When everyone was positioned on the risers, Michael raised his baton. The choir snapped to attention. Monica was proud of the professionalism of their small ensemble. Their voices rose in melodic harmony, blending smoothly. Monica’s clear, high soprano voice escalated gloriously with the others. When she sang, she felt closer to heaven than at any other time, even when she prayed, which was something she’d been doing a good deal of lately. She needed a husband.
“Monica’s the tall one on the top riser,” Gabriel said, pointing out the earthling to Goodness. Like Mercy, Gabriel held a special fondness for this prayer ambassador, who, again like Mercy, possessed certain character traits that left him with misgivings. If it weren’t for the business of the Christmas season, he wouldn’t have assigned Goodness such a difficult case.
Unfortunately he had little choice and of those ambassadors left, Goodness was his best chance of seeing this prayer to fruition. If only he could guarantee that Goodness would stay away from television and movie screens. The incident of her showing up on an in-flight movie and using John Wayne’s voice to warn everyone of approaching turbulence continued to rankle. He’d counseled her on a number of occasions, but to no avail.
“I know what you’re thinking,” Goodness said, looking up at him with eyes filled with innocent promise. “I won’t pull any more stunts with humans. I’ve learned my lesson.”
“You’re sure this time?”
Goodness glanced toward Monica and nodded eagerly.
Gabriel wished he shared her confidence. His own gaze drifted toward Monica Fischer. Her name was a familiar one as her father, a man after God’s own heart, often included her in his prayers. Monica came from a strong religious background. With her father serving as the pastor, Monica had been raised in the church. It was ironic that what the young woman lacked was faith when she was surrounded on all sides by it. Instead Monica was deeply religious and had yet to distinguish the differences between faith and religion.
“She’s lovely,” Goodness claimed, locking her wings together. “Finding Monica a husband won’t be the least bit difficult, not when she’s so outwardly beautiful. God must have a special man in mind for her.”
“He does,” Gabriel agreed with some reluctance, wondering just how much he should explain to this inexperienced ambassador. Goodness would learn everything she needed to know soon enough, he decided. The information he had would overwhelm her now. Soon enough Goodness would recognize exactly what God had planned for Monica Fischer.
The angel focused her attention on him, her eyes wide and questioning, awaiting an explanation. “What is it I must teach her?”
Gabriel drew in a deep breath and explained. “I fear Monica’s steeped in the juices of her own self-righteousness. She struggles to be good under her own power and ignores all the help made available to her through faith.”
Goodness sighed with heartfelt sympathy. “She must be miserable.”
“No,” Gabriel returned without hesitation, “she just makes everyone else feel that way. Monica’s complicated her life with a long list of rights and wrongs and dos and don’ts. Her head’s so clouded with matters unrelated to faith that she’s lost sight of what it means to be a child of God. Her struggles are useless when everything has already been done for her. All she need do is ask.” But Gabriel wasn’t telling Goodness anything new. The earth was populated with those who looked for redemption through religion.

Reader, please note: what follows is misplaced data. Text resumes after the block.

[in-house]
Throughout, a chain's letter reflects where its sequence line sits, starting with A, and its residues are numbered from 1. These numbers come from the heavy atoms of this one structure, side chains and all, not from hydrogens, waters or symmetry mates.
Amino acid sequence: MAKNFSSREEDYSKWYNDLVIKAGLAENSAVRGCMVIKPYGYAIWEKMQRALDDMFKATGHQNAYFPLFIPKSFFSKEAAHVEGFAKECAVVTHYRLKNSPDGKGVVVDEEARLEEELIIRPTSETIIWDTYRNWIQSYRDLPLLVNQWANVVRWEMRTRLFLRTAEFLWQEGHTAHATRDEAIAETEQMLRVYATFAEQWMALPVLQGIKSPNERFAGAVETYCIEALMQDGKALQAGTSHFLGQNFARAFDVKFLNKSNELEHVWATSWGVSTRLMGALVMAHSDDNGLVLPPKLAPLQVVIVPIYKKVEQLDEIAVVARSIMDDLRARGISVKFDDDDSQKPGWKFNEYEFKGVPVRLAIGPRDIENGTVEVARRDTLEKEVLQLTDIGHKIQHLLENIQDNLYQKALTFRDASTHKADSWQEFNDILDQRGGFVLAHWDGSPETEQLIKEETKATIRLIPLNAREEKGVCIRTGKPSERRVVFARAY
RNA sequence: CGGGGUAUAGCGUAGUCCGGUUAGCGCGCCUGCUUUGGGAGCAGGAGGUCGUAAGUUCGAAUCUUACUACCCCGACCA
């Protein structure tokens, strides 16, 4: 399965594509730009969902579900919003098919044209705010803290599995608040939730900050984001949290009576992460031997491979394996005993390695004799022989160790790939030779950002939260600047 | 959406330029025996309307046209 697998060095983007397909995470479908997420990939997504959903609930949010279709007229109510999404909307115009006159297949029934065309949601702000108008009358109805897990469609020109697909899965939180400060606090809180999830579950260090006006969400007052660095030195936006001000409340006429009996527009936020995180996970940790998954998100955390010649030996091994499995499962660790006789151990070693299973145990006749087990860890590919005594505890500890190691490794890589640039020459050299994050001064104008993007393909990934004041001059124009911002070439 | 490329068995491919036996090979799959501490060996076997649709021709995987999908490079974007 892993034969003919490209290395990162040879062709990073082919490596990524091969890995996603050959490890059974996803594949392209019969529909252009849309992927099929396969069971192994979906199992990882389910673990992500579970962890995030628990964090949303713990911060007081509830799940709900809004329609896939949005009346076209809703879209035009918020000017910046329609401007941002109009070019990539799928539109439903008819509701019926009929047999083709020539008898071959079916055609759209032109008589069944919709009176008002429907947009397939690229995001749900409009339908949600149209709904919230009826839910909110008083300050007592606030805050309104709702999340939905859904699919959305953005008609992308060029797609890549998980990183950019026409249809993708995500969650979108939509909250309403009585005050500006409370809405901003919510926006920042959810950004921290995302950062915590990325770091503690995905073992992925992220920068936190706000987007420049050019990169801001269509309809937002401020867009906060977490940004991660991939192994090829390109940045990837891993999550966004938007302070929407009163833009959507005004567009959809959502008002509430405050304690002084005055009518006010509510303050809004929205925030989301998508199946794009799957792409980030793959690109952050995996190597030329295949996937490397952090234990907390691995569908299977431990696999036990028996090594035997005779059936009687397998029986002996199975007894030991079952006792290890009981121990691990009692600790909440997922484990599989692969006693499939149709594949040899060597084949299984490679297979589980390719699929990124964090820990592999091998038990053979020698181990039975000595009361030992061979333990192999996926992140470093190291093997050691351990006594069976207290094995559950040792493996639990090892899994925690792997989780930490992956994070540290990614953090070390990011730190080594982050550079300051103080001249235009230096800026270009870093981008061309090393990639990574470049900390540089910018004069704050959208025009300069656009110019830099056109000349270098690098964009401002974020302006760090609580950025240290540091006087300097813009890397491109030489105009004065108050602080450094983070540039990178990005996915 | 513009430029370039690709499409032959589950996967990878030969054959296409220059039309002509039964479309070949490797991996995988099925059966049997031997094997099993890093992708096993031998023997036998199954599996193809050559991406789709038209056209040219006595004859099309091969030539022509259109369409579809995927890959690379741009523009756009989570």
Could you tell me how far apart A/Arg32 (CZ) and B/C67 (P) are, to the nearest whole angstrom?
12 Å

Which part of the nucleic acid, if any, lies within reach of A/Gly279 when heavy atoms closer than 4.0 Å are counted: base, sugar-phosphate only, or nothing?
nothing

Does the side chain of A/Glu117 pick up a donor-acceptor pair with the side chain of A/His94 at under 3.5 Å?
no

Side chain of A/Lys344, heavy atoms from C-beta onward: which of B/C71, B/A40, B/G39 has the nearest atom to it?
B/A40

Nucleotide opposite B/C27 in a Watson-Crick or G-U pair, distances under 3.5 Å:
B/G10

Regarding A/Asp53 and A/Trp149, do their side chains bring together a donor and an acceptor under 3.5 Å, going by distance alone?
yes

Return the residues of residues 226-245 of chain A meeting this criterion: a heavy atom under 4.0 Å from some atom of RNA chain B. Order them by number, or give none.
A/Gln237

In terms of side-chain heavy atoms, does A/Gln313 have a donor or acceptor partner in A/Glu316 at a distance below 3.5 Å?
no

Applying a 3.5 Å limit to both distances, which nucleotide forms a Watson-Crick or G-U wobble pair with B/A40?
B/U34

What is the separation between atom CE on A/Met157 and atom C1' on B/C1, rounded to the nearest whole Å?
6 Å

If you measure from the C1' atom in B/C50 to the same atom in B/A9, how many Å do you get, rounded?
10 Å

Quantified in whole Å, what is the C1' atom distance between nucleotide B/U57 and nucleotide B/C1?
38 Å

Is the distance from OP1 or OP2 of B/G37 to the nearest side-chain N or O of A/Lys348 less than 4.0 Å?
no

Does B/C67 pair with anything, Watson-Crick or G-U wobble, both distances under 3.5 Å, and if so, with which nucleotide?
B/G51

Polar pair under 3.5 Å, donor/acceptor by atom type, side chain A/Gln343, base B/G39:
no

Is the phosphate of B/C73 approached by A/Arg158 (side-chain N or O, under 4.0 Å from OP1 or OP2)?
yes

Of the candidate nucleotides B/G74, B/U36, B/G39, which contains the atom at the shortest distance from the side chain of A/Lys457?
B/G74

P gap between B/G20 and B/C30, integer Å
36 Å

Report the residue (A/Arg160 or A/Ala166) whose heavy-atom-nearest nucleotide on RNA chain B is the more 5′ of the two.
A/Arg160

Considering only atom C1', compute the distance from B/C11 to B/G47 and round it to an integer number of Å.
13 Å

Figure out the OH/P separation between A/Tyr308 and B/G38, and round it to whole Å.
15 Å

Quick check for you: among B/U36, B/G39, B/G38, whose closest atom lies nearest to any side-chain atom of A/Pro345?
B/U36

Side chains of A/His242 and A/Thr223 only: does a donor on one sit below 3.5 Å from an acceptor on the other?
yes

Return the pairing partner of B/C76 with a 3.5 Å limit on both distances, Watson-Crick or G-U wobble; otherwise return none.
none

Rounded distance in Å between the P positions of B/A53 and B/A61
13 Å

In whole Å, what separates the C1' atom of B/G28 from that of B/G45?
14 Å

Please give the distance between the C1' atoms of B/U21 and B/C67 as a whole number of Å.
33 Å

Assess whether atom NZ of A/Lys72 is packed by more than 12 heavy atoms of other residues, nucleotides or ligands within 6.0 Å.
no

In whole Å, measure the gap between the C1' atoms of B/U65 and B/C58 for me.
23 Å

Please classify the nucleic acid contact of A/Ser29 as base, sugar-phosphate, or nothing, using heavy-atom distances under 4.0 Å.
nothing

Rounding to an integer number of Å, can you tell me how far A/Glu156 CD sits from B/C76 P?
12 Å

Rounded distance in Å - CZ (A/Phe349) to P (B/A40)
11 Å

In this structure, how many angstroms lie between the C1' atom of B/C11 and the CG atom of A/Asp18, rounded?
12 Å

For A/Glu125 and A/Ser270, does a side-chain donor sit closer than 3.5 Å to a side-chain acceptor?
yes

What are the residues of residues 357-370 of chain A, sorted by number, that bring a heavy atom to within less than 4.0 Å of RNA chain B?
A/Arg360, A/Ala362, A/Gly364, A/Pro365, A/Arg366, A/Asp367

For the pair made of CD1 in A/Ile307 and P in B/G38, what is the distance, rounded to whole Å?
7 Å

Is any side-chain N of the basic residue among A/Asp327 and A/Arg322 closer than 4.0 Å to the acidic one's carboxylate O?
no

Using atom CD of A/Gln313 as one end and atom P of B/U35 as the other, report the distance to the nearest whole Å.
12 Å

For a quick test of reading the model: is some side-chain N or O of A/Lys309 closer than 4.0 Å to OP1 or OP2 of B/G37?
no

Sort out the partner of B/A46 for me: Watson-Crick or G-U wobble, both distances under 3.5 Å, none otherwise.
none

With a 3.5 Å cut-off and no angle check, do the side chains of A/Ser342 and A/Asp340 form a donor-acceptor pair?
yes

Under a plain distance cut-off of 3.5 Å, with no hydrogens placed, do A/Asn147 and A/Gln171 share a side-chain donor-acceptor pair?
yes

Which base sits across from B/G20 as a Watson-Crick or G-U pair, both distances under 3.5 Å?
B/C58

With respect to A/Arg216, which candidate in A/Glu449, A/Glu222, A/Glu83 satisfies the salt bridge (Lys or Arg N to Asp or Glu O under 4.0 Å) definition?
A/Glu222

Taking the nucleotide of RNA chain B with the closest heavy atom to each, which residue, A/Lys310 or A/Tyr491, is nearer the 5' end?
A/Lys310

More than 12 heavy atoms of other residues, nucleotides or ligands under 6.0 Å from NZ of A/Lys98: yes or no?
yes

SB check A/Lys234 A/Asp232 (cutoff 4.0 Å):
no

“The poor dear.”
Gabriel didn’t view Monica in those terms. It was her type that caused him the greatest concern. While Monica struggled to lead people to God, her sanctimonious ways often steered them in the opposite direction.
“She sings very well,” Goodness commented.
Gabriel nodded. “She’s gifted in several areas.”
“I shouldn’t have any trouble teaching what she needs to know before Christmas.”
How confident Goodness sounded, Gabriel noticed. He sighed inwardly, wondering once more how much he should explain, then decided it would be best not to discourage Goodness’s enthusiasm. She’d discover everything she needed to know soon enough.
“The man God has for her is ready for a wife?”
Gabriel was beginning to feel a twinge of guilt. “Yes, and eager. Very eager. Only he doesn’t know it yet, but you won’t have to worry about him. Monica’s the one who needs you.”
“Then I’ll do everything within my power to help her.”
“You’re ready?” Gabriel asked, thinking he’d best send her soon before he said too much. This request would be a learning experience for this young prayer ambassador as well as for her charge. All he could do was hope for the best.
“Let’s go,” Goodness said, impatient to leave the splendor of heaven and walk incognito into a dull, sin-cloaked world.
Gabriel watched as Goodness floated down from heaven, thinking humans were right about one thing. God often did work in mysterious ways and never more so than in this instance. Gabriel was confident of one thing. Neither Goodness nor Monica Fischer would ever be the same again.
Monica looked out over the gathering crowd and was pleased at the attention their small choir had garnered. Shoppers stopped, their arms folded around packages and some of the tiredness left their eyes. A few joined in and sang themselves. Children were lifted in their fathers’ arms for a better look. The transformation the singing group produced brought a small, satisfied smile in Monica’s heart.